Sudan watch

Sudan is ruled by a Muslim regime centered on Khartoum in the north, headed by Omar Al-Bashir, a really rough customer under international indictment for crimes against humanity in the Darfur region. But, in addition to the well-known Darfur horror, the Bashir gang has been engaged in a decades-long repression of the non-Muslim southern region, which has been in rebellion against the hated regime.

Sorry this map is a bit small. Darfur is the orange area at left; South Sudan the darker green at bottom

In 2005, the Bush administration spearheaded negotiation of a settlement, ending violent hostilities in the south. This is the kind of thing the U.S. does, often without fanfare or plaudits, acting as a force for good in the world, to which all the America-bashers like Noam Chomsky are morally blind. It exemplifies America’s true core foreign policy: not to “dominate” other nations and peoples but, rather, to foster a world in which all can thrive. Because that is ultimately our enlightened self-interest. We are actually better off in a world where all people flourish than if we exploit others and impose our will by bullying. That is not a long run recipe for our well-being.

As John F. Kennedy once said, “We seek not the victory of one nation or system, but the worldwide victory of men.”

The 2005 Sudan agreement bound the Khartoum regime to an independence referendum in the South, by January 9, 2011. Given the vileness of Bashir and his cronies – and the presence of oil resources in the south – it always seemed a bit over-optimistic to imagine that the south would be allowed to peacefully depart. Yet, for a long while, the agreement seemed to be more or less holding, with the January vote actually going forward.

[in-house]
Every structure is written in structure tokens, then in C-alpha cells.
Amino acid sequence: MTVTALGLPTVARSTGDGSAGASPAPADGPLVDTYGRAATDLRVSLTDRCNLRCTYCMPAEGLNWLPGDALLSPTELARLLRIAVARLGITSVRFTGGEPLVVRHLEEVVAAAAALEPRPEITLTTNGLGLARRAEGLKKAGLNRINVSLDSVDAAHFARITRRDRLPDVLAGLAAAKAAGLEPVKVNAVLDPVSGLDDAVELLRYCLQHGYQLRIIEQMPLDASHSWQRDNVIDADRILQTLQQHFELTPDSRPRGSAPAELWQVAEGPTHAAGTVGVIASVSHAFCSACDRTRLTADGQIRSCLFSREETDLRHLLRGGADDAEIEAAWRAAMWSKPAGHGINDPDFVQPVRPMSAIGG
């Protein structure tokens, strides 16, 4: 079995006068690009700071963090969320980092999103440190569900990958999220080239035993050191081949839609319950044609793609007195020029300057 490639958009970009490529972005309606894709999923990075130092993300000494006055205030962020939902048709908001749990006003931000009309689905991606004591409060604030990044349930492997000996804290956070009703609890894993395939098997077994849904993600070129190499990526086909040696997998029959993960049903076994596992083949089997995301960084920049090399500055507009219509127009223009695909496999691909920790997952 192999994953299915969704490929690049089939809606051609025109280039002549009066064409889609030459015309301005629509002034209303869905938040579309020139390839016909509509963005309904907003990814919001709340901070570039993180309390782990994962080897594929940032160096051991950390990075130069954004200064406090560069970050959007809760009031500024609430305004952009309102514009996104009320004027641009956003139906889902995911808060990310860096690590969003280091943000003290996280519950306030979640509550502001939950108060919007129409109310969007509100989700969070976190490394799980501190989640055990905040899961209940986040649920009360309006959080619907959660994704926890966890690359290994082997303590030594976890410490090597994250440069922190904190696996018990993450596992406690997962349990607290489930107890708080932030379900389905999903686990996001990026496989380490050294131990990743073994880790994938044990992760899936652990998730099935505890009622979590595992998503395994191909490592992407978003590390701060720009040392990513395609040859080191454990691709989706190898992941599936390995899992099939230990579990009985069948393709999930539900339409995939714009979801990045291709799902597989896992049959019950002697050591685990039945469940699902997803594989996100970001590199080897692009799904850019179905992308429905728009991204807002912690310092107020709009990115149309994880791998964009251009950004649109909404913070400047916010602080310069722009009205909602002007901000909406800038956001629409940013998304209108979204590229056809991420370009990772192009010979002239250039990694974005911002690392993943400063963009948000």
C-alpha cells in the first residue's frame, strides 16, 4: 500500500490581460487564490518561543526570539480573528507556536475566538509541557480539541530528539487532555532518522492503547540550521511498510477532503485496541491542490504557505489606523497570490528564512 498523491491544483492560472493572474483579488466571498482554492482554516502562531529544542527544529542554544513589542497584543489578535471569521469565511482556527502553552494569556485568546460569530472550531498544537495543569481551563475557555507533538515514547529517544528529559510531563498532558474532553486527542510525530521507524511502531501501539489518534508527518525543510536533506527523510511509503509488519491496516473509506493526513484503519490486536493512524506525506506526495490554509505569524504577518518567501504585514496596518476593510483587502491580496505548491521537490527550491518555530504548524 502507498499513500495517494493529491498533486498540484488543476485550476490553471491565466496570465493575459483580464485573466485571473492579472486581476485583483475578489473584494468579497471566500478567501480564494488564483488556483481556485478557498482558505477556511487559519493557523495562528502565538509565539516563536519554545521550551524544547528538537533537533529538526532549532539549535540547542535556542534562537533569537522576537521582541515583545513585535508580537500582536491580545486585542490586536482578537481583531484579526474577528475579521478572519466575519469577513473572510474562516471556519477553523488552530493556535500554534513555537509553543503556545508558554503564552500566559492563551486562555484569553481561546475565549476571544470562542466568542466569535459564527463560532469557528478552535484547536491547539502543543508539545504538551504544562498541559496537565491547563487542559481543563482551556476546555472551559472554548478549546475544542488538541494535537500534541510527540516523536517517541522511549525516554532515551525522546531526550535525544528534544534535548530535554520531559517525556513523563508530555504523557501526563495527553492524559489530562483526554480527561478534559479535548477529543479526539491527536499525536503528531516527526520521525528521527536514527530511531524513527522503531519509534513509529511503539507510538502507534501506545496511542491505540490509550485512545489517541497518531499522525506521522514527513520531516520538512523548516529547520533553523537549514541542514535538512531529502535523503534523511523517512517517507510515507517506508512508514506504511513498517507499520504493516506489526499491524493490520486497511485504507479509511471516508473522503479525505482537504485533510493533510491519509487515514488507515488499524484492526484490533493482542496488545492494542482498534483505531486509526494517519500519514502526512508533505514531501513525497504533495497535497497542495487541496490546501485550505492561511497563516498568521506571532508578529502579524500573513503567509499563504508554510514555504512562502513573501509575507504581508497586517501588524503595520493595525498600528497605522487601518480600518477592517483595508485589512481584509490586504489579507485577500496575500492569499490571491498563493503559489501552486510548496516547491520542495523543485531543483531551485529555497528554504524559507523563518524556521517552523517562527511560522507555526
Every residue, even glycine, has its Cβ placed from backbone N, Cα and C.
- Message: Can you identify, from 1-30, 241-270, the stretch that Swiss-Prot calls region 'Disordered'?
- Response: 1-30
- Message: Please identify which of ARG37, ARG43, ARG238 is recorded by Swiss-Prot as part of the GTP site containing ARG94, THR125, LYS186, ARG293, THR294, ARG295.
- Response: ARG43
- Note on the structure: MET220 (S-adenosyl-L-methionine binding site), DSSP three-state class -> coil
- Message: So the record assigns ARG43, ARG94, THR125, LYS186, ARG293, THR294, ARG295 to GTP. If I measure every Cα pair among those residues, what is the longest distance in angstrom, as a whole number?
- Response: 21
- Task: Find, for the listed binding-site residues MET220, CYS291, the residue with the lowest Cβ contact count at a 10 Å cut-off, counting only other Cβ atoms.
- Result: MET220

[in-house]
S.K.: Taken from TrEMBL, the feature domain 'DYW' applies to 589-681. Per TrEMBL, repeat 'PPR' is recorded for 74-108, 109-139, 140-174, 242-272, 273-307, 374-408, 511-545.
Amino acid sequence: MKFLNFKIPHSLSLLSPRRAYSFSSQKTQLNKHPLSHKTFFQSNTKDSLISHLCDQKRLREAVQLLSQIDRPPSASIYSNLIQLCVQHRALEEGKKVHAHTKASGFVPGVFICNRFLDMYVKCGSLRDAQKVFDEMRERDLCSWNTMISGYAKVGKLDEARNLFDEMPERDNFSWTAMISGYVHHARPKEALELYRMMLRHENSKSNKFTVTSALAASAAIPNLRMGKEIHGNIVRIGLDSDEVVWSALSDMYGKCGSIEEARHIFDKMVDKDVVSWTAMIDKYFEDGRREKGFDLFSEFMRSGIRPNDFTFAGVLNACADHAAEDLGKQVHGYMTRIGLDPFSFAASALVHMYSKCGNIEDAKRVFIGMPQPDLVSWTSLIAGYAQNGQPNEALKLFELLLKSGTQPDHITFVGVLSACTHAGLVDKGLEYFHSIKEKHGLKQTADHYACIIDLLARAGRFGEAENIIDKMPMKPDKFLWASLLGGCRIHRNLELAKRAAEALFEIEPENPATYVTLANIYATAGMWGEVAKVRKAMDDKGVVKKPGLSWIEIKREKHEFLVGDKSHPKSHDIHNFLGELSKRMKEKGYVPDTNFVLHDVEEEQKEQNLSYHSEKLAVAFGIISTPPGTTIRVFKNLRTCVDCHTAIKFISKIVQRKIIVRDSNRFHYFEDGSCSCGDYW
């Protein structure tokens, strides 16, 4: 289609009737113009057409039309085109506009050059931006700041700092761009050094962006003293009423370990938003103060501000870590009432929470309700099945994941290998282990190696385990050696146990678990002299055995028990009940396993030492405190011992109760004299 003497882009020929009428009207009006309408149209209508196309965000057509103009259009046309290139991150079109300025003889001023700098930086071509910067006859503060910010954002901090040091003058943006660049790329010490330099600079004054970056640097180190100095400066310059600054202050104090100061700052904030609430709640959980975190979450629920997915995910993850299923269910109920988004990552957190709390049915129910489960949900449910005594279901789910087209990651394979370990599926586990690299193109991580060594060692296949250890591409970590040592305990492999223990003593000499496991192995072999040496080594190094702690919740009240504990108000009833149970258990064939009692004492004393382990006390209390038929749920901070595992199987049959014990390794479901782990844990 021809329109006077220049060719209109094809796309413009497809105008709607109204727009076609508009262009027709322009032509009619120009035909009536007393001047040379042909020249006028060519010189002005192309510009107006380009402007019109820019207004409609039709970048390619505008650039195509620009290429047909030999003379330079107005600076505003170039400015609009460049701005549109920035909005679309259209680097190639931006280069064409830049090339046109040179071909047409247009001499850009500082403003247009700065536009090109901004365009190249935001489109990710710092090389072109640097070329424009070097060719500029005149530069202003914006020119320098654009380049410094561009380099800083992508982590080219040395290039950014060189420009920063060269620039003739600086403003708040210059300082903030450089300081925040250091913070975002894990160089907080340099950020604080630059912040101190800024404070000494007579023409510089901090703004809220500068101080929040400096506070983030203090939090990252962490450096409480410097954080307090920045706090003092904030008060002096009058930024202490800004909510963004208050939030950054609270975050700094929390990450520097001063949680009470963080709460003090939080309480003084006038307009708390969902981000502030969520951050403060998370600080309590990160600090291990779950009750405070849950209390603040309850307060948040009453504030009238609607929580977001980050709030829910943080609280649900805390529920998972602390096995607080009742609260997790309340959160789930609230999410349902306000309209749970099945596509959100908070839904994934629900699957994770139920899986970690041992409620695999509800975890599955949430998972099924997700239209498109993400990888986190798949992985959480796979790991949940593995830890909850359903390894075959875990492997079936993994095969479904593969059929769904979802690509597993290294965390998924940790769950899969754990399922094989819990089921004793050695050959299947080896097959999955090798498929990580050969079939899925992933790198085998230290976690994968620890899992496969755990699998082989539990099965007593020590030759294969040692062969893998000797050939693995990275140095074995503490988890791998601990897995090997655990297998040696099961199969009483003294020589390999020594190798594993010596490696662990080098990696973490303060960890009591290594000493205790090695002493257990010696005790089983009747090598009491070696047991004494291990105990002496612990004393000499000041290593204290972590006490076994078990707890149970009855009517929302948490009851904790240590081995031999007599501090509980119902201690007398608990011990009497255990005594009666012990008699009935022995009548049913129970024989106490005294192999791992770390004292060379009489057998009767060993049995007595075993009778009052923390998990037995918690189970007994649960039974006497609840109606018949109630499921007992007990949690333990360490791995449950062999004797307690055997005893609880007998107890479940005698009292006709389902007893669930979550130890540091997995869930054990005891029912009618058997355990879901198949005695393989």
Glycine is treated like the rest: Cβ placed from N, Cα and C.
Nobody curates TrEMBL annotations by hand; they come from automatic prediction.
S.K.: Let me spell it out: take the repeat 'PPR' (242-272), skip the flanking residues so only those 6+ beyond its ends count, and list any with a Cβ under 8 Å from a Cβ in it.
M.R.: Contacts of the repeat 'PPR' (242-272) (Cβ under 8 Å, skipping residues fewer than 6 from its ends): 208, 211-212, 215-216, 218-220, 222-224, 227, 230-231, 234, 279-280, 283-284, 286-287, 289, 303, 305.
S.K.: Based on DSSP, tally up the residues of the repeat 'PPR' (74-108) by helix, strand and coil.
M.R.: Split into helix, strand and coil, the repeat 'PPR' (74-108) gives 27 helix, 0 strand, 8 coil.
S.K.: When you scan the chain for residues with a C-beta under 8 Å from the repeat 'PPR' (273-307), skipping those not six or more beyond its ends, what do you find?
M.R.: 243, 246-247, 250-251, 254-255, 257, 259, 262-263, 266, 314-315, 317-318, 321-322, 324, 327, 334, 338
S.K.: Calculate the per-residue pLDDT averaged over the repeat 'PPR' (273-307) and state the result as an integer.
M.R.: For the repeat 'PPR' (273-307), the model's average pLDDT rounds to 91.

The beautiful and charming Omar Al-Bashir

But, as the saying goes, the prospect of being hanged in the morning concentrates the mind; and the Bashir regime finally seems to be waking up to the implications of the vote. And I am shocked, shocked, that it has now started trying seriously to muck up the process.

This is a highly dangerous situation, and it will take a very muscular commitment on America’s part to follow through and shepherd a halfway decent trajectory to events. I hope the Obama administration is sufficiently engaged.

I do not romanticize about a noble South Sudan gaining Jeffersonian freedom from the northern ogres. Alas, if it does actually become independent, the south will start out in shambolic condition, run by a bunch of thugs scarcely better than those in Khartoum. But at least it will be their own thugs, and if a terrible new war between north and south can be averted, then maybe Obama can finally claim to earn his Nobel peace prize.

(Of course, the Nobel grandees would never have dreamt of recognizing George Bush’s genuine achievement in the 2005 Sudan agreement. Obama’s prize was awarded for his being not-Bush.)

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